September 9, 2021
Opioid use during pregnancy can result in neonatal opioid withdrawal syndrome (NOWS), a treatable condition among infants. While NOWS can develop after prenatal exposure to illicit and prescription opioids, it can also develop after prenatal exposure to medications for the treatment of opioid use disorder (MOUD), including methadone and buprenorphine.
A new study from the UNC Gillings School of Global Public Health suggests that among Medicaid patients in North Carolina, about half of infants with NOWS are born to people receiving medication for the treatment of opioid use disorder – and these babies are more likely to experience better outcomes after birth.
Published in the American Journal of Public Health, the study was led by Anna Austin, PhD, an assistant professor in the Department of Maternal and Child Health and core faculty at the UNC Injury Prevention Research Center (IPRC). Austin worked in collaboration with Becky Naumann, PhD, assistant professor of epidemiology and IPRC core faculty, and Michael Dolan Fliss, PhD, a public health data scientist at IPRC. Vito Di Bona, MS; Mary E. Cox, MPH; and Scott Proescholdbell, MPH, from the N.C. Department of Health and Human Services Division of Public Health also contributed.
“Assumptions are often made that a person who delivers an infant with NOWS was not acting in the infant’s best interests during pregnancy,” Austin explained. “Treatment with methadone or buprenorphine is currently the evidence-based standard of care for an opioid use disorder in pregnancy. We wanted to highlight the role of these treatments in cases of NOWS to try to address some of the stigma associated with this condition.”
Austin’s team used N.C. birth certificate and Medicaid data between 2016 and 2018 to determine how many babies diagnosed with NOWS were born to people who had a claim for MOUD or another prescription opioid in pregnancy.
They found that 60 percent of people who gave birth to infants with NOWS had MOUD or prescription opioid claims in pregnancy. Nearly half had a claim for MOUD, and more than 1 in 5 had a claim for prescription opioids.
Infants born to those who had claims for MOUD or both MOUD and prescription opioids in pregnancy were more likely to be born at full term and at standard birth weight. These findings are consistent with research that suggests MOUD is associated with improved maternal and infant outcomes in comparison to detoxification or continued opioid use.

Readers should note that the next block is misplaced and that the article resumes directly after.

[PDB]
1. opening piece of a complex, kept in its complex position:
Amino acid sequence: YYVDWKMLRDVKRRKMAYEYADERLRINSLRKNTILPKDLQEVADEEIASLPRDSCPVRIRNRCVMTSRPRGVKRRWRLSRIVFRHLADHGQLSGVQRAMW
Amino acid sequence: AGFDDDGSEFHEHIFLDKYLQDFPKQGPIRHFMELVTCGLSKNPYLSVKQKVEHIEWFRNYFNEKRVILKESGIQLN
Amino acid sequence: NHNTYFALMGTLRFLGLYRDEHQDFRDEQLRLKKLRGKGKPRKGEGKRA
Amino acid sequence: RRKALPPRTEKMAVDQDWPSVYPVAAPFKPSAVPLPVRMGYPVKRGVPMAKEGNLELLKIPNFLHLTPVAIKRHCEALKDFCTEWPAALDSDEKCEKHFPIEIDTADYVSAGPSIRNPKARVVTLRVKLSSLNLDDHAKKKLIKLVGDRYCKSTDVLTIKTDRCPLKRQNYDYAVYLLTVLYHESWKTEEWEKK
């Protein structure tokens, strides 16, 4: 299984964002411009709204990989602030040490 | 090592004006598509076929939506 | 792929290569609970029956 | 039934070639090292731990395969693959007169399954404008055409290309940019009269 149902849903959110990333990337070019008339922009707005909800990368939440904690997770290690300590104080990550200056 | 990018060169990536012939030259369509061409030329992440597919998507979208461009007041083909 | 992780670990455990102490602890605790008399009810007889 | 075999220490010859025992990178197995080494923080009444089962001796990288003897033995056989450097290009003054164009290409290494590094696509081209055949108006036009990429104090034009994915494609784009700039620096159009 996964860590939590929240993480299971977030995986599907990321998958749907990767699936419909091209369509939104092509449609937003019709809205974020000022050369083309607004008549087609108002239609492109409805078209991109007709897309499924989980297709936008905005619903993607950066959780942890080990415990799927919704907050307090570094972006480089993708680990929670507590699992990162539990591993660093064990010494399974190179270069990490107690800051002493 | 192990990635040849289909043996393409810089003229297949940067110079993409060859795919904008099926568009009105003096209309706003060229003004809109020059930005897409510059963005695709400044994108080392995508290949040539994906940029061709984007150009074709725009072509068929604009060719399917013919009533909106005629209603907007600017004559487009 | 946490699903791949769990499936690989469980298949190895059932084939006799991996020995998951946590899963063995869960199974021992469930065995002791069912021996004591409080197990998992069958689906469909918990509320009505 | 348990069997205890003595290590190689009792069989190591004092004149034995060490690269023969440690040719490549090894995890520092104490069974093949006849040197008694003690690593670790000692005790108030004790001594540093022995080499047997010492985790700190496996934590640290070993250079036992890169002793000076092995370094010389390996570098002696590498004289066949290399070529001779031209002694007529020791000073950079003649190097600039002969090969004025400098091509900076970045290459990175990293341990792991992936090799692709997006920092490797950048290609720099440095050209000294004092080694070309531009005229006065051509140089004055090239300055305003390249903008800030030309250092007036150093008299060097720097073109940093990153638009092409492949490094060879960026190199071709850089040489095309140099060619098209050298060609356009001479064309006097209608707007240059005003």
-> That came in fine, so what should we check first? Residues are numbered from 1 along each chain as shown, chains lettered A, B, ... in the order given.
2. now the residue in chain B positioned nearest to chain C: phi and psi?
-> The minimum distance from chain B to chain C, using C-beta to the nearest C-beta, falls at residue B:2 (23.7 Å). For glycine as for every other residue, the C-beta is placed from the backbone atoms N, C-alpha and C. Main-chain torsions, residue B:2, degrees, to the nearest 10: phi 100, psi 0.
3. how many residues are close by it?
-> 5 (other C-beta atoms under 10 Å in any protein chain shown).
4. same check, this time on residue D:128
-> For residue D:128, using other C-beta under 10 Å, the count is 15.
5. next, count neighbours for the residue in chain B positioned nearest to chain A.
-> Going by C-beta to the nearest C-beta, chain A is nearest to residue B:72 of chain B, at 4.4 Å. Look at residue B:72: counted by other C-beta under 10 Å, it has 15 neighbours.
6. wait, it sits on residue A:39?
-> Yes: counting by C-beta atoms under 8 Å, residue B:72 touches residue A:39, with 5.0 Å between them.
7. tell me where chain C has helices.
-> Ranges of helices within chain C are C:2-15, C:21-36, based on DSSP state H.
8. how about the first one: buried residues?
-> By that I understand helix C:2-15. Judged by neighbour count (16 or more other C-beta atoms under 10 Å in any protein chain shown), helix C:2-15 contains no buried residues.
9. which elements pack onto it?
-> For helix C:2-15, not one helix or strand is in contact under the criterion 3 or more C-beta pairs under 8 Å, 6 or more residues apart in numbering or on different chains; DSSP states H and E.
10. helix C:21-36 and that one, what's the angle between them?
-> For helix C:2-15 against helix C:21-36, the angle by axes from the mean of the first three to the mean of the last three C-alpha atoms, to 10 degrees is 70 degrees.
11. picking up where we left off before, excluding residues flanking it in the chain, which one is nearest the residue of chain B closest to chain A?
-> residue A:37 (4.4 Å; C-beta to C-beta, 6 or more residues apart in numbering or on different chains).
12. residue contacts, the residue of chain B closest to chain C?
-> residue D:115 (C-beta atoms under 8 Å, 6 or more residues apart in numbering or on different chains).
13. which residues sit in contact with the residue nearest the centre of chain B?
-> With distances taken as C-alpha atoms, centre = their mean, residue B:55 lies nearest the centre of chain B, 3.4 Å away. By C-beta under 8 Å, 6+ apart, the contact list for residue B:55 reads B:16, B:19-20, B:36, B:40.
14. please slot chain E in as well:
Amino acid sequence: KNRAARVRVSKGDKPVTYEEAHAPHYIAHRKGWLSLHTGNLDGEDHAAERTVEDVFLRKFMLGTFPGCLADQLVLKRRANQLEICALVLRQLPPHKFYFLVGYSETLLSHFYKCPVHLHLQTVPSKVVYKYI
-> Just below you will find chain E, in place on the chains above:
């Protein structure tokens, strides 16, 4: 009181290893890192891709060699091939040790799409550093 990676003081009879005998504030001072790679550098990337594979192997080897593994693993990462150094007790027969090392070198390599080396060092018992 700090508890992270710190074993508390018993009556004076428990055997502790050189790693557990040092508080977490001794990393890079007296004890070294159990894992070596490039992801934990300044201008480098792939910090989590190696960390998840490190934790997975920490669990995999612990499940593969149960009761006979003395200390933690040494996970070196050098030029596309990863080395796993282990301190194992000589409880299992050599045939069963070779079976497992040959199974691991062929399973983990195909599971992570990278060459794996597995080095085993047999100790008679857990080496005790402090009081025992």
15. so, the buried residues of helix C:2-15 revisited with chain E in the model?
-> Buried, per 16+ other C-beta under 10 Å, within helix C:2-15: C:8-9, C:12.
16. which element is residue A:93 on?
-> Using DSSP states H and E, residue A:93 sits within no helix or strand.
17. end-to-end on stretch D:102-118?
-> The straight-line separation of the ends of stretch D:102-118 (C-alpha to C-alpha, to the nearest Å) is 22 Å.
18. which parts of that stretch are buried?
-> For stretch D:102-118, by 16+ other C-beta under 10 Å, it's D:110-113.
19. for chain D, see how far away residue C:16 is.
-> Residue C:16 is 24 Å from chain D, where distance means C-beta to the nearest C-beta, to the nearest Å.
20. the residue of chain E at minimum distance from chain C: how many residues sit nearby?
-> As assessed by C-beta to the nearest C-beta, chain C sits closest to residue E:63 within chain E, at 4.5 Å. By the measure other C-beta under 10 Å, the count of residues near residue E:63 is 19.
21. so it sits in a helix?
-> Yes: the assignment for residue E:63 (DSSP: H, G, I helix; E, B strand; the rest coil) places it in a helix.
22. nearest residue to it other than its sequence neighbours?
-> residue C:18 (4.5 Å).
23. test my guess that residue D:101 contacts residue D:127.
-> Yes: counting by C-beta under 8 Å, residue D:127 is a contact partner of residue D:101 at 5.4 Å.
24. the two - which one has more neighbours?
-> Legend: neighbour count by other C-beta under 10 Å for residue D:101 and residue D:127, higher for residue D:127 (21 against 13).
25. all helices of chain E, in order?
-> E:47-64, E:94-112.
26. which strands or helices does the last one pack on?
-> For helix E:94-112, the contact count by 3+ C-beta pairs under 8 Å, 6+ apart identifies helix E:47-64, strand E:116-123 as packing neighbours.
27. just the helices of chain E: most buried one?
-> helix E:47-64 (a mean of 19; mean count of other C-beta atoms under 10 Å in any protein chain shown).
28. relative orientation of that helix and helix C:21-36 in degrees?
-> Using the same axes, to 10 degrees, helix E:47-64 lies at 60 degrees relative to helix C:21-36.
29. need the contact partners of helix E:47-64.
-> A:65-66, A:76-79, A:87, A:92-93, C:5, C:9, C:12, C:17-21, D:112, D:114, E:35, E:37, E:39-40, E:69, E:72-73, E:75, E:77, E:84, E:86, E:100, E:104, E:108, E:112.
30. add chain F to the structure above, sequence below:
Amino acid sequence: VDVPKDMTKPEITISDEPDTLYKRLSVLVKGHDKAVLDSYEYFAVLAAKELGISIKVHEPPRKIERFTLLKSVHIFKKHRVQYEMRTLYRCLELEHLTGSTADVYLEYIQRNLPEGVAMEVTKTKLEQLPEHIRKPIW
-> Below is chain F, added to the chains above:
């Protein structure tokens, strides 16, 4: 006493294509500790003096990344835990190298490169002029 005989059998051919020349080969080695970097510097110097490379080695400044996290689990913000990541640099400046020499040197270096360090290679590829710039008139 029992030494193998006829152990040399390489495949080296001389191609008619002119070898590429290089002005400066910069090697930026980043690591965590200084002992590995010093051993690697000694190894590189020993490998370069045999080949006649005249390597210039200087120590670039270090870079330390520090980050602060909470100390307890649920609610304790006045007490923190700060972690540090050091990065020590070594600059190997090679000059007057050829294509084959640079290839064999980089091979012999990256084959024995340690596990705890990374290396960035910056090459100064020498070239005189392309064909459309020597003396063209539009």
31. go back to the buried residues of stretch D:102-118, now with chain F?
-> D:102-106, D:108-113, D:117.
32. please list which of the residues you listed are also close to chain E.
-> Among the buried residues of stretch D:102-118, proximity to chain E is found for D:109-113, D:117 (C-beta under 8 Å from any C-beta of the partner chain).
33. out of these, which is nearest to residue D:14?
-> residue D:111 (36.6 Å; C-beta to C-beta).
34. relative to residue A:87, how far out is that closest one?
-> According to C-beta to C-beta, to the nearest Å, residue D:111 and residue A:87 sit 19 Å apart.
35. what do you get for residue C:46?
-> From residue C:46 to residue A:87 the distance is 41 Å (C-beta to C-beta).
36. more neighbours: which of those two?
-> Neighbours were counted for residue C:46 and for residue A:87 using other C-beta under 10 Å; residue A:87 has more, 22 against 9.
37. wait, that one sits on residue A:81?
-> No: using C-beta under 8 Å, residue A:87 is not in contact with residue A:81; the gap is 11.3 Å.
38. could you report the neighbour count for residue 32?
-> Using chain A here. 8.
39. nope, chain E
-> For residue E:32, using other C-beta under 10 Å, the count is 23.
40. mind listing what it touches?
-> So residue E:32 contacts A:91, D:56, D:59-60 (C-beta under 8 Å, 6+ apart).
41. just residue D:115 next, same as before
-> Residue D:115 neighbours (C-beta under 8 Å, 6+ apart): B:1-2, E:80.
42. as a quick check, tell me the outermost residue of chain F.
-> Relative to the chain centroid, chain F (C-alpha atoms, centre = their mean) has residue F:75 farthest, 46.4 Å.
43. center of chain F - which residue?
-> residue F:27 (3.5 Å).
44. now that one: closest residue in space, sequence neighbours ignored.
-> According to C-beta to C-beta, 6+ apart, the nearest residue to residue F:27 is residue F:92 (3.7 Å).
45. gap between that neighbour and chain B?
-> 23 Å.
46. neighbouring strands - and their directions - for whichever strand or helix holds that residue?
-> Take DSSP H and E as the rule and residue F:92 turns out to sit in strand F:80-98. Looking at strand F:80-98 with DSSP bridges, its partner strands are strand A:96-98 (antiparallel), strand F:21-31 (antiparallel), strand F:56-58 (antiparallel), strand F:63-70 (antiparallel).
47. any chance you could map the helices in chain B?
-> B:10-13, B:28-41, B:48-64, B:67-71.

Among those with claims for MOUD or MOUD and prescription opioids in pregnancy, younger women and non-Hispanic Black women were underrepresented, indicating an urgent need to improve equity in access to MOUD among pregnant populations. Two-thirds of this group also used tobacco in pregnancy, which is often associated with greater severity of NOWS.
Results from this study highlight the extent to which NOWS may be a result of medically appropriate opioid use in pregnancy, particularly the use of methadone or buprenorphine, which are evidence-based treatments for opioid use disorders in pregnancy.
“Our hope is that these results can be used by state and local partners to address some of the stigma associated with having an infant diagnosed with NOWS by highlighting the use of treatment and opioids as prescribed by a health care provider among mothers of infants with NOWS,” said Austin. “Given that NOWS is an expected and treatable condition following prenatal exposure to methadone, buprenorphine and other prescription opioids, we recommend prioritizing interventions that are effective in reducing the severity of NOWS symptoms, such as tobacco cessation programs in pregnancy, and that are effective in treating NOWS, such as the Eat, Sleep, Console method used at UNC Hospitals.”
Austin says her team is currently continuing research in this area, with a focus on examining the association of MOUD in pregnancy with maternal and infant mortality in the first year postpartum.
Contact the UNC Gillings School of Global Public Health communications team at firstname.lastname@example.org.